R cookbook for the casual dabbler
Chapter 1 Introduction
G’day and welcome to R cookbook for the casual dabbler.
Some history: I use R a lot for work and for side projects. Over the years I’ve collated a bunch of useful scripts, from macroeconomic analysis to quick hacks for making map legends format properly.
Historically my code has been stored in random Rpubs documents, medium articles, and a bunch of .Rmd files on my hardrive. Occasionally I feel like doing things properly - and upload code to a repository on github.
It doesn’t take a genius to realize this isn’t a very sustainable solution - and it also isn’t very useful for sharing code with others. It turns out 2-years of lockdown in Melbourne was enough incentive to sit down and collate my best and most useful code into a single place. In the spirit of open source, a book seemed like the most logical format. The following is a very rough book written in markdown - R’s very own publishing language.
In each chapter I’ve written up the background, methodology and code for a separate piece of analysis.
Most of this code will not be extraordinary to the seasoned R aficionado. The vast majority can be found elsewhere if you dig around on stackexchange or read some of Hadley’s books.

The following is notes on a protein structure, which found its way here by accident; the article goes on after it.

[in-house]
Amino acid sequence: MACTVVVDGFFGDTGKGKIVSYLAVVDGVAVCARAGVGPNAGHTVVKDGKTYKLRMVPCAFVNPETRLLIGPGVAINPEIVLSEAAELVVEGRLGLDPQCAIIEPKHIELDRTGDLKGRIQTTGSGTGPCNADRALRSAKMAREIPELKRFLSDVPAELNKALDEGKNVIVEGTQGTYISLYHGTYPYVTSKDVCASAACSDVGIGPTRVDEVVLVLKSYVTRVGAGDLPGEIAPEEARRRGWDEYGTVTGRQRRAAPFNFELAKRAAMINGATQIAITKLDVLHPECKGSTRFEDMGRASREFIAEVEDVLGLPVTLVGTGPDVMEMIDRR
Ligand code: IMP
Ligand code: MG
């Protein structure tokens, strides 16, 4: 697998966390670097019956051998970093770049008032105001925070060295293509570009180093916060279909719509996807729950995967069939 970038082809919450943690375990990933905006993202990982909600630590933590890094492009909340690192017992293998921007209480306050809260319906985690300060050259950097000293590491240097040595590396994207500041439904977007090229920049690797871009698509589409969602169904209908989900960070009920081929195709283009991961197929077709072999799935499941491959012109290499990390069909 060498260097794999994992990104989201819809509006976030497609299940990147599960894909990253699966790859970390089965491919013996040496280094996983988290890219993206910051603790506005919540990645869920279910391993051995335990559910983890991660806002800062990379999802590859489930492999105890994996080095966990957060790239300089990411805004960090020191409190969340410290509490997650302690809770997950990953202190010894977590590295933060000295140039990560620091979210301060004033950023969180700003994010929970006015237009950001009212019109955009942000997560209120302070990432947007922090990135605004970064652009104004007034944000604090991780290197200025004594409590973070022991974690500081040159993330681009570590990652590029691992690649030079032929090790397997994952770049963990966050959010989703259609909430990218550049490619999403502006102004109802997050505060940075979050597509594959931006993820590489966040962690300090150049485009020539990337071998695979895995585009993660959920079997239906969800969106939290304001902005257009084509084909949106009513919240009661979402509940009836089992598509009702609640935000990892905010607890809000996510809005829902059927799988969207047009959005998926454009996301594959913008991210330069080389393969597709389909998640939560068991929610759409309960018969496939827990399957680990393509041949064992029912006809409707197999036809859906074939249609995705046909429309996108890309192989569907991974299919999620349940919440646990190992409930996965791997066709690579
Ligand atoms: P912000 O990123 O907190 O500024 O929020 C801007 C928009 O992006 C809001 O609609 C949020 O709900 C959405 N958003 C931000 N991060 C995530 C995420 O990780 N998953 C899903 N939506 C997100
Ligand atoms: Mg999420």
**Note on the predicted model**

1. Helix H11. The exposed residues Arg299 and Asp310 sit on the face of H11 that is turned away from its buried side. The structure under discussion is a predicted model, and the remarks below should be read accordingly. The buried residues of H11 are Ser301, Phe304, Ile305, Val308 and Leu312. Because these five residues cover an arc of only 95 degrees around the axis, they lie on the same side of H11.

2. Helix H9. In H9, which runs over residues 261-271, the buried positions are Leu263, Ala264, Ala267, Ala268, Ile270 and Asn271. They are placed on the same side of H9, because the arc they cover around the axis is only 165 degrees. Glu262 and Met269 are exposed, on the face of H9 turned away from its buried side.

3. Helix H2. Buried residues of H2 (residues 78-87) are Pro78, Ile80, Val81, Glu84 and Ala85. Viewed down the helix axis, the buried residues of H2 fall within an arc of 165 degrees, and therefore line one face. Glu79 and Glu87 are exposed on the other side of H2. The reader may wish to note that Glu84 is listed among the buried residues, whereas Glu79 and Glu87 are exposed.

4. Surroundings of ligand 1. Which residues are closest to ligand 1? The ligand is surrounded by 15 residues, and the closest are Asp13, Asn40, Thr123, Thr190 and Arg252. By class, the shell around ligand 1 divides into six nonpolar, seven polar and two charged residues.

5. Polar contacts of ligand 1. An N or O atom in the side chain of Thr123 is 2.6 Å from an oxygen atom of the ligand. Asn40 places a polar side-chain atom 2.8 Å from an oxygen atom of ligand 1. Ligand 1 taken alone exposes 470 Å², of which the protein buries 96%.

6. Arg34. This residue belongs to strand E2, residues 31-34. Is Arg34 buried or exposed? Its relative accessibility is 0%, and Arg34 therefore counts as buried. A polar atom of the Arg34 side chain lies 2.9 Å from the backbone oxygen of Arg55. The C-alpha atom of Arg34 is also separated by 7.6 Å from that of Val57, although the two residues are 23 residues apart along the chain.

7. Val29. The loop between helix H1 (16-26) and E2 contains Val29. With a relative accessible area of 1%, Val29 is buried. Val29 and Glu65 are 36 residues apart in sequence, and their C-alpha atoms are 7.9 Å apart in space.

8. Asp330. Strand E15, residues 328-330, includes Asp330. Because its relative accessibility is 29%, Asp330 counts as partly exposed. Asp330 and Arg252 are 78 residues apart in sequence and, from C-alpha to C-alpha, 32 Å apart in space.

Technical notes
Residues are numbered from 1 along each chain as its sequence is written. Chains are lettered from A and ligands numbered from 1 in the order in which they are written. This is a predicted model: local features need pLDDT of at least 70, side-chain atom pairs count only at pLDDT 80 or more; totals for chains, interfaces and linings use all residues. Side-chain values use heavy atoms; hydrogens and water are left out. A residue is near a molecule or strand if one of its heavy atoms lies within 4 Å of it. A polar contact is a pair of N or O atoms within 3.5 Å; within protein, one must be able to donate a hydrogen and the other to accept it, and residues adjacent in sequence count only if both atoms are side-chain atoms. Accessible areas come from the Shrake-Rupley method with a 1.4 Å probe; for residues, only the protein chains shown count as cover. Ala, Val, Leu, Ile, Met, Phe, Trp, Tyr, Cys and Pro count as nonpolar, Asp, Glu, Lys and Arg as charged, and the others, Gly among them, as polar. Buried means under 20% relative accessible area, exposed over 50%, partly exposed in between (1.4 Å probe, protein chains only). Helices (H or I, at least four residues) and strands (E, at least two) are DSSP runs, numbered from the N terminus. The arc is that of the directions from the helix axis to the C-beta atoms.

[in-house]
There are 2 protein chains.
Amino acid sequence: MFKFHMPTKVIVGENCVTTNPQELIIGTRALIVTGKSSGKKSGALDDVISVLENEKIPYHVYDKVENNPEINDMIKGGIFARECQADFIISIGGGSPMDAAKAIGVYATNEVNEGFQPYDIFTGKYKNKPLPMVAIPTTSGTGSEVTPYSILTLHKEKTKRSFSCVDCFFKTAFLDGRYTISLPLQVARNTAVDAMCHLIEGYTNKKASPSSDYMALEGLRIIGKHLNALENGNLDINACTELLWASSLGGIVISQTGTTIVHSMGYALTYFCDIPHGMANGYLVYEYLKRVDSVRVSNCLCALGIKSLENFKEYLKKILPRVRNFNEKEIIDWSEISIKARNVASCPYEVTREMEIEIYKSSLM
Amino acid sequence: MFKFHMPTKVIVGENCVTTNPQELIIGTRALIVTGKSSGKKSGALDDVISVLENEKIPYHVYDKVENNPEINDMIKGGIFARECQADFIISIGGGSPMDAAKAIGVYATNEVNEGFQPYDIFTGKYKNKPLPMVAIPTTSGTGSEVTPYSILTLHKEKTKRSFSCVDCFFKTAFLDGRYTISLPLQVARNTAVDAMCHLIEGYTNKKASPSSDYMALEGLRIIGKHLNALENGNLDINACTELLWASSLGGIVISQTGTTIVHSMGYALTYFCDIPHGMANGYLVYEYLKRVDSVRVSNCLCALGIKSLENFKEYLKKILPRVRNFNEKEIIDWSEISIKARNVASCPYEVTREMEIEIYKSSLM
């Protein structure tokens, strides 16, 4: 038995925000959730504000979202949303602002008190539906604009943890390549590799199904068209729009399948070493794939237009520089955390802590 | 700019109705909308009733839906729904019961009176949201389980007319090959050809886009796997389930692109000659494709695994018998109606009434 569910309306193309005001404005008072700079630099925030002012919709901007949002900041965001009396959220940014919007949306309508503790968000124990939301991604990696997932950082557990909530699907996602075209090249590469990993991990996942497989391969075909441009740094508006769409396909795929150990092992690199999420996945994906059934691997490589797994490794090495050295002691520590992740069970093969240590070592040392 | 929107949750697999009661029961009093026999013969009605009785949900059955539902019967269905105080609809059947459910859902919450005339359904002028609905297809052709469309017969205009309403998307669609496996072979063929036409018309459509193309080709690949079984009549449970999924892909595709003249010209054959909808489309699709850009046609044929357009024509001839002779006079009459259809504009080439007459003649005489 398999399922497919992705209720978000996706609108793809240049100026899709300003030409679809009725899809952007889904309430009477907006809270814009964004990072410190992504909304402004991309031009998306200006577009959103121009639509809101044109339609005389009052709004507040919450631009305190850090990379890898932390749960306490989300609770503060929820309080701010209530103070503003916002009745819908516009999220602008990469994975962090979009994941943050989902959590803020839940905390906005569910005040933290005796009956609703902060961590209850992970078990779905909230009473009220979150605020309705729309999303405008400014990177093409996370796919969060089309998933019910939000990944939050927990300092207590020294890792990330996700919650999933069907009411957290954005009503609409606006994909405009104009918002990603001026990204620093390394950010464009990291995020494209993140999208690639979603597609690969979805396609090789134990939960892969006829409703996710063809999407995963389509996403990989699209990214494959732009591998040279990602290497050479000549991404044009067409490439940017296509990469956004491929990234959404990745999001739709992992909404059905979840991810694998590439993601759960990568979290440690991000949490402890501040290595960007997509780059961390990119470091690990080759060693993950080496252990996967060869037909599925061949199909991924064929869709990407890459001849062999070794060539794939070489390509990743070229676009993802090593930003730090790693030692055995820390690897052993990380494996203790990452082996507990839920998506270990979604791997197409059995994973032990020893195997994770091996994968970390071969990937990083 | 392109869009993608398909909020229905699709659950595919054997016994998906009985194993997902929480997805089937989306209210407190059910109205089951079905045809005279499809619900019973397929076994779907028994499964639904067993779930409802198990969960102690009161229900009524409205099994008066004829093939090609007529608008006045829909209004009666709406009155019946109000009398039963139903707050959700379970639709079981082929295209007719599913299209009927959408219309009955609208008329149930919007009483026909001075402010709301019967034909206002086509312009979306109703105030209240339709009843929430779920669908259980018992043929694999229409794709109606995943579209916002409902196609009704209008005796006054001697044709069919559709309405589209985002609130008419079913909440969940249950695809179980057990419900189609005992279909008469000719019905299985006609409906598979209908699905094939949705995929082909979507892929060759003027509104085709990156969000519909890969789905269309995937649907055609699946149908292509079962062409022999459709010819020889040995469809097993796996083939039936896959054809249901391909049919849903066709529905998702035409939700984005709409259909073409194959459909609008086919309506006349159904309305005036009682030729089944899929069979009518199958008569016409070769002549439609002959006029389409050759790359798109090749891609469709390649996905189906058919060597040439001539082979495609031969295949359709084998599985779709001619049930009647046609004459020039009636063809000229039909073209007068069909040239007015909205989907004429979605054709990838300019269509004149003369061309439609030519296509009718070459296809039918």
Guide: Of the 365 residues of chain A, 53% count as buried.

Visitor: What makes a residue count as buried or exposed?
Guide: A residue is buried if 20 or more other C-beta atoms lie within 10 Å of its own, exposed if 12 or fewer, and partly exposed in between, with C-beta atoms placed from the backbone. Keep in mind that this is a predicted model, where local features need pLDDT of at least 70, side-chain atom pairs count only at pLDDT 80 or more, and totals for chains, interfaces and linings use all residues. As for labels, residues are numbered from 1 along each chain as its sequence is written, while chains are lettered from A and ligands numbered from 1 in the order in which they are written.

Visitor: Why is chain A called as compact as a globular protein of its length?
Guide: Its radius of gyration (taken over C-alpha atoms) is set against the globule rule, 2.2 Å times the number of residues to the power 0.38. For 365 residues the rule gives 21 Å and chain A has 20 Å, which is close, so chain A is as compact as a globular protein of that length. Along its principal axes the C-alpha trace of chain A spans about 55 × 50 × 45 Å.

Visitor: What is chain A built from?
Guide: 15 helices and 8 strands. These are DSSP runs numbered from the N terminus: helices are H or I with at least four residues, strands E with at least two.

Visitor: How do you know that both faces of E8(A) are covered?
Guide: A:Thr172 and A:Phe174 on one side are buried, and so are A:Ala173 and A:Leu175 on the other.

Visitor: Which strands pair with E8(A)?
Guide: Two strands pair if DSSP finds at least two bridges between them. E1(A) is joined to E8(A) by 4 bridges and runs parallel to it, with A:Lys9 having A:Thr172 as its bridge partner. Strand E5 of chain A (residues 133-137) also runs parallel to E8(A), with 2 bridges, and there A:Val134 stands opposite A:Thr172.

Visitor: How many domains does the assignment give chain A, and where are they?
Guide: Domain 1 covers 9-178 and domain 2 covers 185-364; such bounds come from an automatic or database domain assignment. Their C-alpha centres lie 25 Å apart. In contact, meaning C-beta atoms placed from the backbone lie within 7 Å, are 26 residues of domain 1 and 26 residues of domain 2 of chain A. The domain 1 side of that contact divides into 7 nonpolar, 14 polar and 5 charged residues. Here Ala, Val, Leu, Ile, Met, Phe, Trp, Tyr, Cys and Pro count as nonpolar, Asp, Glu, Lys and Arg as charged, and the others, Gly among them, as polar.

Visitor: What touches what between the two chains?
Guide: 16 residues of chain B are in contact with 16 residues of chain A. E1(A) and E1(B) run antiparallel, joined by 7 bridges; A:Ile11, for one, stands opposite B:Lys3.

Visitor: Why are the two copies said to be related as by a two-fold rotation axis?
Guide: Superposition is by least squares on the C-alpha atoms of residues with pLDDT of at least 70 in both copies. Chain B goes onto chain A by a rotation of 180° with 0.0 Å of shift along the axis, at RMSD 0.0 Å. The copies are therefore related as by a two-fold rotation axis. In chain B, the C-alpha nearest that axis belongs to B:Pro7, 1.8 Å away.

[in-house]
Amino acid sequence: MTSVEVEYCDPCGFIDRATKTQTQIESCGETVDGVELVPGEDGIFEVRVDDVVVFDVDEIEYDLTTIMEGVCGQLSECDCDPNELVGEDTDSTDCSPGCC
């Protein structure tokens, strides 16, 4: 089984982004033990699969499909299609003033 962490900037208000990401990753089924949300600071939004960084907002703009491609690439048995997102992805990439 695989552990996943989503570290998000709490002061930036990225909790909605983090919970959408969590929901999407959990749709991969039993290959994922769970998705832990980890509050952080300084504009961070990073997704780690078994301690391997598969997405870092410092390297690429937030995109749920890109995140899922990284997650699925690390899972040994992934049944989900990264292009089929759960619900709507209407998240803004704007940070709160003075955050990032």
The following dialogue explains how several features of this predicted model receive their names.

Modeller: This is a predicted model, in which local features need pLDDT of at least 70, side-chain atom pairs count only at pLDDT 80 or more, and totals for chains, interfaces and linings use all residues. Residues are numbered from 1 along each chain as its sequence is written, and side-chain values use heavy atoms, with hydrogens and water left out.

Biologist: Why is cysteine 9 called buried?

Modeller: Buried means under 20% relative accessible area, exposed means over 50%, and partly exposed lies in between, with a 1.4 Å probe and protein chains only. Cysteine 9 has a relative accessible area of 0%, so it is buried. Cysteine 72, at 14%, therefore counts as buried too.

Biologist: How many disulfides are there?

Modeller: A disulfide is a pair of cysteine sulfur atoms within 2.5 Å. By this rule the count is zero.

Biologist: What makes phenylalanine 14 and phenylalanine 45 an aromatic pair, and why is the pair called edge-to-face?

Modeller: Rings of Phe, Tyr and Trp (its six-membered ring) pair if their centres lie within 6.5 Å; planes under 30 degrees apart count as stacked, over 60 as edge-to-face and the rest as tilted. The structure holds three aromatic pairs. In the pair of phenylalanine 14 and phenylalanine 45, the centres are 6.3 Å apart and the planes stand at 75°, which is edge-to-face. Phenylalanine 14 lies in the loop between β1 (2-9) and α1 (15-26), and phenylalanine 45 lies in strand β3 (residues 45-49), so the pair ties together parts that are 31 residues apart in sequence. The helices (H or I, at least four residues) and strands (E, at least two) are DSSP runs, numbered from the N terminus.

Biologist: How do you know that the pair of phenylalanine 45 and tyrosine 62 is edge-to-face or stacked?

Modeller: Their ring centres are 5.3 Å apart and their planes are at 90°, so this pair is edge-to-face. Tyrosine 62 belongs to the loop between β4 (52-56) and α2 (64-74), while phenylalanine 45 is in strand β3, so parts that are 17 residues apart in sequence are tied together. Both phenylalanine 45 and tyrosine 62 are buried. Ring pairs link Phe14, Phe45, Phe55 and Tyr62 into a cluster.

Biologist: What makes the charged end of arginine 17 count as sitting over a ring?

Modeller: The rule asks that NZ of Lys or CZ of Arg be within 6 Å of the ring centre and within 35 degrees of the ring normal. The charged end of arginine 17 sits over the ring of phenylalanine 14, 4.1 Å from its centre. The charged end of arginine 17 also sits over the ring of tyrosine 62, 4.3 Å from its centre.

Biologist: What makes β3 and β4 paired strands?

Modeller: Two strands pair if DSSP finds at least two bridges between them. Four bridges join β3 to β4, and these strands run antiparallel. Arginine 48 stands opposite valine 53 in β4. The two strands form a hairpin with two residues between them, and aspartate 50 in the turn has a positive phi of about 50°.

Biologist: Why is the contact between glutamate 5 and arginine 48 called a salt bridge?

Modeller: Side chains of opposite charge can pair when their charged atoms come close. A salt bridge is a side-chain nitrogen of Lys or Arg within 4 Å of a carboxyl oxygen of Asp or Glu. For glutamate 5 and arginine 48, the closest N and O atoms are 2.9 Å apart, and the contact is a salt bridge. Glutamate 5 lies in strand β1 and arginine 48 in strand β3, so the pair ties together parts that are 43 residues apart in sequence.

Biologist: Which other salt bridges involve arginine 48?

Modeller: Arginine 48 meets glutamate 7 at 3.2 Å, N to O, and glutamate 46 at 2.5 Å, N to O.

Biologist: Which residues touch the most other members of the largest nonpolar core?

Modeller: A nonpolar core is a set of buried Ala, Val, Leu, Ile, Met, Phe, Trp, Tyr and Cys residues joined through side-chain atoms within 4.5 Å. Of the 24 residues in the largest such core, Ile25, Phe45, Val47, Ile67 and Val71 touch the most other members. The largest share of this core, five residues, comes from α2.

However I find that in classic Pareto style ~20% of my code contributes to the vast majority of my work output. Having this on hand will hopefully be useful to both myself and others.
1.2 Additional resources
The R community is continually writing new books and package documentation with great worked examples. Some of my favourites (which all happen to be written in the R markdown language) are:
I’ll be honest with you - there’s bound to be bugs galore in this. If you find one (along with spelling errors etc) please email me at email@example.com with the subject line ‘R cookbook for the casual dabbler.’